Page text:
Dystopia: Prima Facie

Dystopia: Prima Facie
Photo by Jason A. Howie (copied from Flickr)

Photo by Jason A. Howie (copied from Flickr)

Tom checked his tie, taking care to stay in shot. It only took a minute of being away from the webcam’s eye to be deemed in contempt of court.

Abigail looked beautiful as she testified, her eyes wide and demeanour humble. Sometimes the allegations made Tom second-guess himself. Was noting her prettiness the same thing as admiring her sexually? No, he’d conclude. So there was no trace of sexual desire at all? Perhaps, he might concede, but an iota, the merest flicker. Ageing a little or becoming a father doesn’t blind one to these things. Biology told him she was attractive and decidedly a woman now, even if the law didn’t yet agree. But, no, although not immune to such forbidden thoughts, he paid them little heed. His affection for her was innocent.

He shifted in his seat then berated himself for the awkward body language.

“At first my friends said it was weird,” Abigail said. “They’d come up to me in breaks and ask why Donna’s dad was always appearing on my timeline. Then they got nasty, singing songs about us, putting insults on Facebook. They stuck photos of him in my bag.”

Tom had never meant for any of this. He traced his finger over the audience list, letting it rest on his daughter’s name, knowing Donna would be watching the trial from her room.

He remembered his actions were being analysed and withdrew.

Could a man really help his dreams? They weren’t even sexual. Donna would bring Abigail over most nights after school and he and Marie would rustle up some dinner. It soon became clear she wasn’t having a good time at home, pressured to achieve greatness through all the gymnastics training, piano lessons and so on. She’d come over whenever she could get away and it seemed like the only place she could relax. His heart went out to her, both of theirs did.

Tom looked back at the screen. The prosecution was showing his dream of the school gymnastics, in which he watched Abi run across the beam, struck by the contrast between her fluidity and the arduous discipline that lay behind it. “What if you were free, truly free?” his dream-self whispered, and then she was – tumbling gracefully along a fallen tree, the two of them weaving through the autumn woods. He walked on and she followed, somersaulting across the dry leaves, a soft crunch recording every footfall. He wanted to take her hand but she was moving too fast, and if he broke the rhythm of her freedom dance she would be back to how she felt before, when she was with her parents…

The video finished and Tom could still feel that pang of yearning – but it probably wasn’t even about her. The subconscious picks ciphers from anywhere to tell its stories. And anyway, you saw someone that often, of course they came up in your dreams. It’s just your brain processing the events of the day.

He tried to explain but the judge hushed him with what was becoming a well-worn phrase – “If you speak you may mislead.” Tom remembered reading about this; social networks and taxicab recordings show what someone thinks so letting the accused speak was said to add no value.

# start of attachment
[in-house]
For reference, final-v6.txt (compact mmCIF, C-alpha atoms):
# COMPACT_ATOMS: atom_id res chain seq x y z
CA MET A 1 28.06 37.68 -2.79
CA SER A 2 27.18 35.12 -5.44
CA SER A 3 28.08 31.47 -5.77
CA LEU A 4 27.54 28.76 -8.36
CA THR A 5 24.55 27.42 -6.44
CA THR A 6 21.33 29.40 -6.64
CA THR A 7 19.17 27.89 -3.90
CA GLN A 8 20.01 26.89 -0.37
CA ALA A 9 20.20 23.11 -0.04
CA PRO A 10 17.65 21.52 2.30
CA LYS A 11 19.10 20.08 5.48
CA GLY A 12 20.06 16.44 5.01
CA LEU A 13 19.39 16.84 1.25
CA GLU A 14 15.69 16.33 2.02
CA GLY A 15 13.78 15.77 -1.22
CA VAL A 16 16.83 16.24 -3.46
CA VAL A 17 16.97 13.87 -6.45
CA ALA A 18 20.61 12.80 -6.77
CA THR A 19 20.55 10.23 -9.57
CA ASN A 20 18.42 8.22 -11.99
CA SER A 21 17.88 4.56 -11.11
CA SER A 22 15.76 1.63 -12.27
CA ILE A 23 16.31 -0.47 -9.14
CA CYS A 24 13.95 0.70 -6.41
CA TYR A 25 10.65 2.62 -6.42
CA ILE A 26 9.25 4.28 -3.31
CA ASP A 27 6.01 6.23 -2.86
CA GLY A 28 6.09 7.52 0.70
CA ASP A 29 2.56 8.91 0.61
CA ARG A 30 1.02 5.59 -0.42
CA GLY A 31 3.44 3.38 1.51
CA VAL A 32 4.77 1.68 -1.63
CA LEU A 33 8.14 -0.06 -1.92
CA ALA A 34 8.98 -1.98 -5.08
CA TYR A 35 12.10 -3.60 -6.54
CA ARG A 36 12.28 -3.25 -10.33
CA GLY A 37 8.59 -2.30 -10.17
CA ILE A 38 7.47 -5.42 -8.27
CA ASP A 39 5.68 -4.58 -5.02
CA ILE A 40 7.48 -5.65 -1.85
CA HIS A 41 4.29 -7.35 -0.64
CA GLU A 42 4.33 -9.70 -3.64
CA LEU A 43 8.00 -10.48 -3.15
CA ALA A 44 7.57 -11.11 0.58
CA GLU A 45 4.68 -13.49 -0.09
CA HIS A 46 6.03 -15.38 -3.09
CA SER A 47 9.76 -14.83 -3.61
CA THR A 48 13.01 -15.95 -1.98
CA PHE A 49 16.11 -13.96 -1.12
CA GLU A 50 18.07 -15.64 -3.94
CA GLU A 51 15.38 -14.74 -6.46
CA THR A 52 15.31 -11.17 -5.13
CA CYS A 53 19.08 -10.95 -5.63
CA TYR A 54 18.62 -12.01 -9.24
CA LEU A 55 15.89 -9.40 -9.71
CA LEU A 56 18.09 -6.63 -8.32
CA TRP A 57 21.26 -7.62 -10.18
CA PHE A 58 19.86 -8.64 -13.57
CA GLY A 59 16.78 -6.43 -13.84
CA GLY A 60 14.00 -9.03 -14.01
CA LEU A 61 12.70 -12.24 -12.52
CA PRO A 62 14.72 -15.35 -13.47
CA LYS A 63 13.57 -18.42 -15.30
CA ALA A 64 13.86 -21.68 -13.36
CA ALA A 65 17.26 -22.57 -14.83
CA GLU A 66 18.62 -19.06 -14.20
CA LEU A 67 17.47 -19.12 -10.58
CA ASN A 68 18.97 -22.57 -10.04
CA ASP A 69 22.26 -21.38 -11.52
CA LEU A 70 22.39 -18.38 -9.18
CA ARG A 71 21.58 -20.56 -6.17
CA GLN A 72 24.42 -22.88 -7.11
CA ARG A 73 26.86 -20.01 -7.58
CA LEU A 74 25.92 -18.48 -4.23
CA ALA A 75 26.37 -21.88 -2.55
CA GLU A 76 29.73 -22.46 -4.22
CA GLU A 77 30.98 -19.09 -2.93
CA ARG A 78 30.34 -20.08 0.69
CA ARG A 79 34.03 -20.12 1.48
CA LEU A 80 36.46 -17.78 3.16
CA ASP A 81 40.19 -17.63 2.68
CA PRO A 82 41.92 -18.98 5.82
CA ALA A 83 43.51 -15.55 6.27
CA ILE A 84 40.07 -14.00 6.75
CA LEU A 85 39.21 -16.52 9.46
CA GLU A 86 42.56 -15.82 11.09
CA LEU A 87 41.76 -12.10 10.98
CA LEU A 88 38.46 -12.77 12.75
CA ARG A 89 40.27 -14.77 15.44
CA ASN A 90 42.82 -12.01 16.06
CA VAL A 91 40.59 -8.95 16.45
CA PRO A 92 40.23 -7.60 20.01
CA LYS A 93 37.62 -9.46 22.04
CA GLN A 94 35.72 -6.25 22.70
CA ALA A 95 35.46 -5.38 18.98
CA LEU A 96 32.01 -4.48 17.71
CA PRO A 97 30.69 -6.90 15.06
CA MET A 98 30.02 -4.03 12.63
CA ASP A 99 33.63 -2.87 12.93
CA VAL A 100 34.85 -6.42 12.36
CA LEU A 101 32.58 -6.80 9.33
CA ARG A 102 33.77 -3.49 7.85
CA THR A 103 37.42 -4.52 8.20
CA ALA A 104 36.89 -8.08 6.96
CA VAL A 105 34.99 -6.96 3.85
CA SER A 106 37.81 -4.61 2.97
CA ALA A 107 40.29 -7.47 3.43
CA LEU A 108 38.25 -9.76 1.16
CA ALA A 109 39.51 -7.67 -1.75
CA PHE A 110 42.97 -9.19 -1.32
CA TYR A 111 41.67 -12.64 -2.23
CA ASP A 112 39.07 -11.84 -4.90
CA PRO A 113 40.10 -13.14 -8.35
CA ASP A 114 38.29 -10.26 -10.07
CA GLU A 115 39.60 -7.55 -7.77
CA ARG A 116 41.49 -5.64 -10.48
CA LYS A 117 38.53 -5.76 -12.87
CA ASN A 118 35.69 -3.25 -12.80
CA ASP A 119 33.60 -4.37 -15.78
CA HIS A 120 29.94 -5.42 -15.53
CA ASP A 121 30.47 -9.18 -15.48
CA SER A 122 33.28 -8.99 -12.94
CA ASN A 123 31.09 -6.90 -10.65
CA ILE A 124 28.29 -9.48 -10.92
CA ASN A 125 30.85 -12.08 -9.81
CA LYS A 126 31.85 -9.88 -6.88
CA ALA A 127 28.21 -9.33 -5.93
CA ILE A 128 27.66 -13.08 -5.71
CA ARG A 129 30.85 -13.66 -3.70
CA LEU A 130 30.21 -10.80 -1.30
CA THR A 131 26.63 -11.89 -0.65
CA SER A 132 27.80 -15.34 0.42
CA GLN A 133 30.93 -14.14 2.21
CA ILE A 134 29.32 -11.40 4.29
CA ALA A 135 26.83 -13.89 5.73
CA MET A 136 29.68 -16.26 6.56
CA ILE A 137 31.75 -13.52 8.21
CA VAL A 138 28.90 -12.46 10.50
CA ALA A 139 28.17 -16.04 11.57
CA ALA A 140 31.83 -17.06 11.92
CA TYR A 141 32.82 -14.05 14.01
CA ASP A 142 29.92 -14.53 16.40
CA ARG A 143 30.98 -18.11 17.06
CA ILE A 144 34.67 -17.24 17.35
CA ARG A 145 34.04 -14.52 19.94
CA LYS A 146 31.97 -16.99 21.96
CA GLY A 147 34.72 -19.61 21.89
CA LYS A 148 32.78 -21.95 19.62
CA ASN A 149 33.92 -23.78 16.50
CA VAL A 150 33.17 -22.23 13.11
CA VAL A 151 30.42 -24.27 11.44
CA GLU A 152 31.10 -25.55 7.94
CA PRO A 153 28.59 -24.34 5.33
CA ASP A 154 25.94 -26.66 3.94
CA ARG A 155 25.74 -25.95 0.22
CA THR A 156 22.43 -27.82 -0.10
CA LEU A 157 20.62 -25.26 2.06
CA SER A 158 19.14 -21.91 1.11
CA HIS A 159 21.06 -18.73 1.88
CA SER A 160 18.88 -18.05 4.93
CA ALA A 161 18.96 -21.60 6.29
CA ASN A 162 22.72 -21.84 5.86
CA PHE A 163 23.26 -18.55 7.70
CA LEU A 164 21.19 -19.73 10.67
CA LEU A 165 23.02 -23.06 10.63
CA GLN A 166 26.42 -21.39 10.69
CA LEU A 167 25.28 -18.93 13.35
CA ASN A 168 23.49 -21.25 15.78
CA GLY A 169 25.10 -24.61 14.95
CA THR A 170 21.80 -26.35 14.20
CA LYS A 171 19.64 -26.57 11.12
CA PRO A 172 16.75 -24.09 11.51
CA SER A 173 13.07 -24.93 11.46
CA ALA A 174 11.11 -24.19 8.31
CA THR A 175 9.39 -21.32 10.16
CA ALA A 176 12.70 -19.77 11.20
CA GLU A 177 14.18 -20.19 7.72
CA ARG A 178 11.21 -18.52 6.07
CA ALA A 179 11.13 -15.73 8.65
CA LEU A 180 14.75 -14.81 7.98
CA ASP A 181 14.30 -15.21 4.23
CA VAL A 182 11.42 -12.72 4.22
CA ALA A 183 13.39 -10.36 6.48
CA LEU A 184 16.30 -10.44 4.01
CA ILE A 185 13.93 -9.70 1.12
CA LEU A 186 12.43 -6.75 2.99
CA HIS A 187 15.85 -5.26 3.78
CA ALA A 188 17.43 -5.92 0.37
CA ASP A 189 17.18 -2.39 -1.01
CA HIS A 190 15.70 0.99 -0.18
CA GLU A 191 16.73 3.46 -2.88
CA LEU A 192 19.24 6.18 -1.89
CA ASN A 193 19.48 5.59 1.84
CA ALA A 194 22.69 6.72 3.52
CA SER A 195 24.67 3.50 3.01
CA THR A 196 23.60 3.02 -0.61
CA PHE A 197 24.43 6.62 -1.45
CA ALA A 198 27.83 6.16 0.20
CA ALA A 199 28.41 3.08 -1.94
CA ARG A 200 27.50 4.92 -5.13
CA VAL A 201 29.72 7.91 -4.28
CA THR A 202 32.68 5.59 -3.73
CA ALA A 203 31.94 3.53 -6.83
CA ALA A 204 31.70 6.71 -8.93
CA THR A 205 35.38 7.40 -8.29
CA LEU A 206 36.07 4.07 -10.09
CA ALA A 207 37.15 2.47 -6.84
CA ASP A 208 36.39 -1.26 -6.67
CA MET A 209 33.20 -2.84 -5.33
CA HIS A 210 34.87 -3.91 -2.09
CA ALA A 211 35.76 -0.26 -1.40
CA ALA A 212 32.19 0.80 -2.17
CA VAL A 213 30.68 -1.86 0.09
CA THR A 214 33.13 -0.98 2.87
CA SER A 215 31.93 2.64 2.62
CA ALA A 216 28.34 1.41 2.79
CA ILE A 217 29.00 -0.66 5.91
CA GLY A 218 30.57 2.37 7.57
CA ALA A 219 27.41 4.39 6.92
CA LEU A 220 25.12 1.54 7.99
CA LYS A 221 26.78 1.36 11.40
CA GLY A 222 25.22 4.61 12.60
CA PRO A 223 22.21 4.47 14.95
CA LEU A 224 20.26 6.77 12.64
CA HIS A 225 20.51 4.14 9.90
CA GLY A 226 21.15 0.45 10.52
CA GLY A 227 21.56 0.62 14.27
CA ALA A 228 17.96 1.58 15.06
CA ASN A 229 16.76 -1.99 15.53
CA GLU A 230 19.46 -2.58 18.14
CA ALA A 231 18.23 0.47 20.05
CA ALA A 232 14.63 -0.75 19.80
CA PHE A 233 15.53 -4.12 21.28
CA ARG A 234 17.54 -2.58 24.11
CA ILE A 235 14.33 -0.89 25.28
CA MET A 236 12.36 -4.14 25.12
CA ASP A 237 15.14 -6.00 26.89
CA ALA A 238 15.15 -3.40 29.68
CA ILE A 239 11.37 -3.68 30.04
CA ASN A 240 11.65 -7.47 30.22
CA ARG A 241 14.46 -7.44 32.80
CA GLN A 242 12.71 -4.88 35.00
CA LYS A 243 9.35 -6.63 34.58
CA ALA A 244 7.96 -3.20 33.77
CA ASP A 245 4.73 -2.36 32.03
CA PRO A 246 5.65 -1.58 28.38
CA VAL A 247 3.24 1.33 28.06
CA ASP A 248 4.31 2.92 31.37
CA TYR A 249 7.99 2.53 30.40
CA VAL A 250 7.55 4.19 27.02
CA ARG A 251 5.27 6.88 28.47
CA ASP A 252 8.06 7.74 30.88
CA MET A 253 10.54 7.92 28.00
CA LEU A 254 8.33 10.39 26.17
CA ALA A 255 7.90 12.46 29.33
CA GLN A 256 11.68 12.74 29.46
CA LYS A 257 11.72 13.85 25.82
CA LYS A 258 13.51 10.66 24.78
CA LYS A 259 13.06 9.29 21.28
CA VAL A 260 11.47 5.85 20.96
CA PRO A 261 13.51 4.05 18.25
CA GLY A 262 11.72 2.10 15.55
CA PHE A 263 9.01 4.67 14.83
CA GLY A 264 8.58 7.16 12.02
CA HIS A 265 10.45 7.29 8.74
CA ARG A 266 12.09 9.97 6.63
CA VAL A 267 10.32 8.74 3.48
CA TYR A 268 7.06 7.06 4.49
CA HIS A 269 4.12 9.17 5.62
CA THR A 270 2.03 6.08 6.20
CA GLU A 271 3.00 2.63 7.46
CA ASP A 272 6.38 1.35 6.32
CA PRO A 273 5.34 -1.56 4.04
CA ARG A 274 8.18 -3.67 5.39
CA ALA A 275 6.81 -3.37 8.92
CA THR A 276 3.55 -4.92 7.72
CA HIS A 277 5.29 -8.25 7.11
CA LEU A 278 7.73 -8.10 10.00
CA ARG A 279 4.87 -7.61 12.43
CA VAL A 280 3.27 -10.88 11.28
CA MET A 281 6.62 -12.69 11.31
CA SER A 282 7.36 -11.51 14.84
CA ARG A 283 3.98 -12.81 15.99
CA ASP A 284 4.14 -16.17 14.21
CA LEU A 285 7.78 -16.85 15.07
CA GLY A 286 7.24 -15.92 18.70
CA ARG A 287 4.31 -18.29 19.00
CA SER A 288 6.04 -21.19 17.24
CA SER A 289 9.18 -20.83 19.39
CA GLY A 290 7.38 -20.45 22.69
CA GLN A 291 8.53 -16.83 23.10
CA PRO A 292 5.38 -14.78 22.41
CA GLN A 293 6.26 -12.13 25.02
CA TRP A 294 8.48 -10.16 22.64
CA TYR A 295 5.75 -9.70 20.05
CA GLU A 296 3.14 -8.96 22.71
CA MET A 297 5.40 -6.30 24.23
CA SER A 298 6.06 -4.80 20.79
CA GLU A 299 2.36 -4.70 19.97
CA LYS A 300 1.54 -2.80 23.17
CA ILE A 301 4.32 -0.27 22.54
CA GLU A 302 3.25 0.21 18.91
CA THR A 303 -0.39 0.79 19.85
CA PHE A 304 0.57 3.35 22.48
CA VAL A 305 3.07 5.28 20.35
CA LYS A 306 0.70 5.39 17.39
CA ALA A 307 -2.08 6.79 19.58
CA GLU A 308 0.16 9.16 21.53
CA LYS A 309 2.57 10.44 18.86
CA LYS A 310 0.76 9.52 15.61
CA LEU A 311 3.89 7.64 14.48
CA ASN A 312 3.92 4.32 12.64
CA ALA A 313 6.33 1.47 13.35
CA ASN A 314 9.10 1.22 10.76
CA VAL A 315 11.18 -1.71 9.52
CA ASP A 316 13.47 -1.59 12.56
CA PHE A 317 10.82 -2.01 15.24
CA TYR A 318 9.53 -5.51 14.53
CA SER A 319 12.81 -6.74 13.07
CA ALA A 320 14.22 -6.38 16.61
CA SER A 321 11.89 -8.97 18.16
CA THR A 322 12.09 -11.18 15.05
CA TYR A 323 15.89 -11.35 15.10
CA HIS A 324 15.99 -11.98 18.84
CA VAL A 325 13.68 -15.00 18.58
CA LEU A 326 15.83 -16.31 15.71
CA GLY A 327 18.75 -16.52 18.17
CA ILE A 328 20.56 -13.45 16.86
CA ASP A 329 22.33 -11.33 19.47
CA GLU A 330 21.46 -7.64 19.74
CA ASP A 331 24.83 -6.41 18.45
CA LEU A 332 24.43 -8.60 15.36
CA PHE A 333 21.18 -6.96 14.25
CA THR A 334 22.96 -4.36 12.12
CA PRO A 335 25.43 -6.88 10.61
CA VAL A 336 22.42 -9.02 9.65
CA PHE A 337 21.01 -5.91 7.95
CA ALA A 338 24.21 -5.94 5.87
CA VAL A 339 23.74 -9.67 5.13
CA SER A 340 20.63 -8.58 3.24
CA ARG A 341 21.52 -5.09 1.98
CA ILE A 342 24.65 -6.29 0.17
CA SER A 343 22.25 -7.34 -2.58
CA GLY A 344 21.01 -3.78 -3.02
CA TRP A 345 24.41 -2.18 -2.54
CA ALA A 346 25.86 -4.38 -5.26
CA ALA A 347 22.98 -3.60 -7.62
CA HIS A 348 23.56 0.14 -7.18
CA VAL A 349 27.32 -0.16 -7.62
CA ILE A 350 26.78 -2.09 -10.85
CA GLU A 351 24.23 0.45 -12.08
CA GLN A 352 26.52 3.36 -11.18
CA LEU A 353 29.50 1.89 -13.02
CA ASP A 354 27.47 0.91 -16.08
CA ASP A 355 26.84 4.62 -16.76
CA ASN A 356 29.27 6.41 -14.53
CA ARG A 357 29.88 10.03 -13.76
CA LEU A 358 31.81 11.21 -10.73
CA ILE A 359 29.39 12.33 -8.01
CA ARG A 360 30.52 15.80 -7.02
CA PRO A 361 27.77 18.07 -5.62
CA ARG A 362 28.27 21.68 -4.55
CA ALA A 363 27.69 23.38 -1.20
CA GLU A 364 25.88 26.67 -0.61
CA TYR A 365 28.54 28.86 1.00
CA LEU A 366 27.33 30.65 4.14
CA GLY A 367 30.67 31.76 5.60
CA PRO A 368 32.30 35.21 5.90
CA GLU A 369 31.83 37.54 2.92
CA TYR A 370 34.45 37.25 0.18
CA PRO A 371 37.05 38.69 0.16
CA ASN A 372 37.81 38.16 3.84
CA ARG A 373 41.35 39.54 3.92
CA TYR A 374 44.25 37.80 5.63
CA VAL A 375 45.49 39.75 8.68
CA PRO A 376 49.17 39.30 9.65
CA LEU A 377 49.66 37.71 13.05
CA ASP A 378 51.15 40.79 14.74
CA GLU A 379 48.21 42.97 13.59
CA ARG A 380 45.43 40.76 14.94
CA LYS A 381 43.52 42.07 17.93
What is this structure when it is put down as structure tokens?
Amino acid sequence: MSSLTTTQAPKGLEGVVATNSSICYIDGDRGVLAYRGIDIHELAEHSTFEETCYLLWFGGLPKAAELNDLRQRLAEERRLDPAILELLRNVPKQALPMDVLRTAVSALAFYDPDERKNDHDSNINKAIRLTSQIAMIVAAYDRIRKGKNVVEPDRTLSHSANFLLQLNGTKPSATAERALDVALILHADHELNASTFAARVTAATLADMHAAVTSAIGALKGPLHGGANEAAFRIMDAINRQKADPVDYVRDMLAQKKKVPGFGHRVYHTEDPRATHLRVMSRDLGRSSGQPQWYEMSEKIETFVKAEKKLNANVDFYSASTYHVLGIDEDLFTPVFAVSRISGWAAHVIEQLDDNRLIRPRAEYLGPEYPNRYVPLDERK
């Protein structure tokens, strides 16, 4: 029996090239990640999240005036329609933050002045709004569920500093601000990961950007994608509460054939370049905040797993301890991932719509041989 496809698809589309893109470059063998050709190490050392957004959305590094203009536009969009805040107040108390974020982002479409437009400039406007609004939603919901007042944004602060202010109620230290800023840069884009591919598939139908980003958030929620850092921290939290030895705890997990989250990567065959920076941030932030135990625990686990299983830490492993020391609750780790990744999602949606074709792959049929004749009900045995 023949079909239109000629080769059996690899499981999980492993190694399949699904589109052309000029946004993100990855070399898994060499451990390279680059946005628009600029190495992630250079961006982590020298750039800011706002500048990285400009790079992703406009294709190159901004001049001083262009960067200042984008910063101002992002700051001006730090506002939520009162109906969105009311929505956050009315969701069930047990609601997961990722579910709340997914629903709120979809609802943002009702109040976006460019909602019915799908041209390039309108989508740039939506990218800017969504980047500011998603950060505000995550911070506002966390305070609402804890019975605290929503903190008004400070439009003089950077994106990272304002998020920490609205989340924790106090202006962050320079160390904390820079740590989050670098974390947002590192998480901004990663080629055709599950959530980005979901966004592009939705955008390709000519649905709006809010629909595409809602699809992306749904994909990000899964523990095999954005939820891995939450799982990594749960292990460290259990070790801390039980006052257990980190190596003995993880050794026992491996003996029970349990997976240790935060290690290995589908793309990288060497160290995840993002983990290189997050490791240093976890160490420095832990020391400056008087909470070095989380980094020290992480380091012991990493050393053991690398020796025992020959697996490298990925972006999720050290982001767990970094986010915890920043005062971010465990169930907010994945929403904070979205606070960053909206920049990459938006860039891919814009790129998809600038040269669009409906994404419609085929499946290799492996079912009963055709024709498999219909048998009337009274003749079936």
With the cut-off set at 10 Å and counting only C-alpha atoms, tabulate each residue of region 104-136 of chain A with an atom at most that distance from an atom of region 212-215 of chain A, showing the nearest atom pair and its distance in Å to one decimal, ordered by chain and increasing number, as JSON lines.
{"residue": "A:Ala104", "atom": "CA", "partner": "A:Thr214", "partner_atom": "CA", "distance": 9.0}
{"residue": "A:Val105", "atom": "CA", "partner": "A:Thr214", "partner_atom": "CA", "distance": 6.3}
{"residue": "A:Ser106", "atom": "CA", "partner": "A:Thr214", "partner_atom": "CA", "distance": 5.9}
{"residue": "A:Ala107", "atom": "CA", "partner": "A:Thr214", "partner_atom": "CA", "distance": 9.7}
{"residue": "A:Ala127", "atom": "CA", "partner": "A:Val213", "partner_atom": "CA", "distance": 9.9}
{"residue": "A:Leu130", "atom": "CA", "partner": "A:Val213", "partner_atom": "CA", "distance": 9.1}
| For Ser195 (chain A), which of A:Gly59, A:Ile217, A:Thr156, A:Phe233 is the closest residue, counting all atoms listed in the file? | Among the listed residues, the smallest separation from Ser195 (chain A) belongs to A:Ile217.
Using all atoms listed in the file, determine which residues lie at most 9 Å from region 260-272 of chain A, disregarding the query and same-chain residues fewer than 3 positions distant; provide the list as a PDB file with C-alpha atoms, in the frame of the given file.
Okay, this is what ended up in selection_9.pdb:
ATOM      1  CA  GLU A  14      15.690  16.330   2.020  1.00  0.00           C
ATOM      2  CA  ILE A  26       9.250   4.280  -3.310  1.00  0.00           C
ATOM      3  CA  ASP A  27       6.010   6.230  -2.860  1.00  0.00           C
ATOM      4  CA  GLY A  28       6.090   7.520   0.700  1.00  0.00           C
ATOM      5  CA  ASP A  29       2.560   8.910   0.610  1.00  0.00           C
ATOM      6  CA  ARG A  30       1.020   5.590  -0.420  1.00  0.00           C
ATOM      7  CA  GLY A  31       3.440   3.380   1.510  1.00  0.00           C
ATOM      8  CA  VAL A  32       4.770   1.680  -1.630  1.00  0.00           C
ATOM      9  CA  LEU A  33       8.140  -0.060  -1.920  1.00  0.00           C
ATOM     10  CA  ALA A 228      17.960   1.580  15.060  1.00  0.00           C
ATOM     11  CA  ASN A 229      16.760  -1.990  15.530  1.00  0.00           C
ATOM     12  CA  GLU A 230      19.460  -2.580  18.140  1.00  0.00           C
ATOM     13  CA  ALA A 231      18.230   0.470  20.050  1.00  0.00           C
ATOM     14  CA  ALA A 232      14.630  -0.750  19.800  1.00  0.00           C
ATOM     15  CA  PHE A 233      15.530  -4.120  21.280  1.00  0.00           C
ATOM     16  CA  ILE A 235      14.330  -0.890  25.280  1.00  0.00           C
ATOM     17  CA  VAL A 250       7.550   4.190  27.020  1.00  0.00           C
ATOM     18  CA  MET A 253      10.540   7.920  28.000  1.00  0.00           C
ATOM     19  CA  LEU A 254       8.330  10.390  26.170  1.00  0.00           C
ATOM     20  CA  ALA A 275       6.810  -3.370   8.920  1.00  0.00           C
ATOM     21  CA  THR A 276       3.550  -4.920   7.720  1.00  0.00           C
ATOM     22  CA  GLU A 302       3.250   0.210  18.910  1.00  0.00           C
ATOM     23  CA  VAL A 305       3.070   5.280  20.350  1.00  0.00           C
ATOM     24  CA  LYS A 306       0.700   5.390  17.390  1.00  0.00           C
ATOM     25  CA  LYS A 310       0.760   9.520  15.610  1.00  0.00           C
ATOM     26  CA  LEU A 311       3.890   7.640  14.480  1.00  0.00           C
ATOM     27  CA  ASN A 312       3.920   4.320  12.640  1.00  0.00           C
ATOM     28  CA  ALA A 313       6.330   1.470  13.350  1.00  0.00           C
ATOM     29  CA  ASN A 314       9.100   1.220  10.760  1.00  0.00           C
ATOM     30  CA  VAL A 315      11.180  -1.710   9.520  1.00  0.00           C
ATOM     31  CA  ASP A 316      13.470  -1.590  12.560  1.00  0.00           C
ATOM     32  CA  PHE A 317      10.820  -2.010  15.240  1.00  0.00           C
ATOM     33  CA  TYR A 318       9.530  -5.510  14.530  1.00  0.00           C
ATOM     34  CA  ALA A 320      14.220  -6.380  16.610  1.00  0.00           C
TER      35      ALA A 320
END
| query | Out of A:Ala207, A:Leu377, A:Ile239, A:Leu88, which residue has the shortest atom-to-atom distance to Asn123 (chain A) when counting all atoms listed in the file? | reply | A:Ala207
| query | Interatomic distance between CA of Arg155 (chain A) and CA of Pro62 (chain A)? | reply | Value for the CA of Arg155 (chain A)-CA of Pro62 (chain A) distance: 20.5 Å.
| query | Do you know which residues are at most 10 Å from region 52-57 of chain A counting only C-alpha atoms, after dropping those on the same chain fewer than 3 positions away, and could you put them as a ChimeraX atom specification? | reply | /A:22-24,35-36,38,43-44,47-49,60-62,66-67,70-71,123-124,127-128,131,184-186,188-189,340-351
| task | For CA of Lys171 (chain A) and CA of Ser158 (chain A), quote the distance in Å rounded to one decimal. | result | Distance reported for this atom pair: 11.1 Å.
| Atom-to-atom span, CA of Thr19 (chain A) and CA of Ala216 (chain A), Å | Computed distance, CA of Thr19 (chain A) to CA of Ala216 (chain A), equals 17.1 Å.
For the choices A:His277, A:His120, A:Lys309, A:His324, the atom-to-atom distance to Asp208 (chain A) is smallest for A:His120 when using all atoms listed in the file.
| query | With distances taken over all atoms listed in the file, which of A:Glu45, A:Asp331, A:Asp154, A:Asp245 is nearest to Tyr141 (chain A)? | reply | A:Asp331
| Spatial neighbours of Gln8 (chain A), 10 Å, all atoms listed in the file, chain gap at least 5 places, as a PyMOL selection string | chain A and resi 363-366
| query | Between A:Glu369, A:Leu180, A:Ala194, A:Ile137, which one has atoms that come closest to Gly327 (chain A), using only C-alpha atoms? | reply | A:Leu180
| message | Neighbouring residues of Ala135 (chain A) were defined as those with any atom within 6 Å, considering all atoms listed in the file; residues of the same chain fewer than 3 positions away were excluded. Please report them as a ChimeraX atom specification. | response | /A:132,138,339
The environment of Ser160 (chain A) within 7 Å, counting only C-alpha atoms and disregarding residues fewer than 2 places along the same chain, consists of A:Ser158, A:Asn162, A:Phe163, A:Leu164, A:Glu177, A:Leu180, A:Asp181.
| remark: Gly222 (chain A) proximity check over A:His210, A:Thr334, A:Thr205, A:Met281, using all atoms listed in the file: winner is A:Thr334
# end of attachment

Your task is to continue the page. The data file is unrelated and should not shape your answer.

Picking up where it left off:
Even outside the court, no one would listen. Marie moved out shortly after it all began, and Donna wouldn’t speak to him unless she needed food or money. None of his friends seemed pleased to see him. He stopped bothering them.

PC Young gave his account next, his manner matter-of-fact, his execution of the law unbending and impersonal.

“I was already observing the situation when the third dream appeared on Miss Morris’s profile,” he said. “It was obvious that the young lady was in distress, but more pressingly, it’s been proven that three dreams within two weeks make sexual crime twice as likely. We had to intervene before that happened, so I began the interception that led to this trial.”

They broke for sentencing. Tom thought how quickly he and his friends had slipped into this; their dreams recorded, tagged and uploaded, the joking that would result. He didn’t even request Abi’s friendship – the site did that automatically as she often checked in to the house.

The judge’s face appeared on-screen. “Mr. Thomas Lanyard,” he began.

Tom swallowed. Time slowed.

“You have been found guilty of thoughts consonant with the future possibility of statutory rape. You will receive a preventative sentence of offline confinement, for ten years to life, during which you must not make contact with Abigail Morris.”

A ghost in the physical realm, for at least a decade. Tom’s tweetstream spat outrage, but, in that moment, he cared only about Abi’s gymnastic clips on YouTube; her leaps and flips across the balance beam, her strong thighs facilitating her daring, the elation he sensed and shared in. Abi’s poise made him feel prayerful. All of this was now locked from his view.

“Your sentence begins now,” said the judge. The transmission was cut.

Daevid reverse-engineers morsels of reality and extracts their meaning, injecting this concentrate into carefully assembled words and hoping for a positive outcome. This process began when, as a child in Essex, a school teacher asked him to write a poem about a rocket launch. He hasn't stopped writing since – primarily prose fiction but also arts criticism and film and radio scripts, having had the pleasure of taking a creative writing degree along the way. He lives in Oxfordshire on the isle of Albion and is working on his novel, Resuscitating God.

Leave a Comment

Your email address will not be published. Required fields are marked *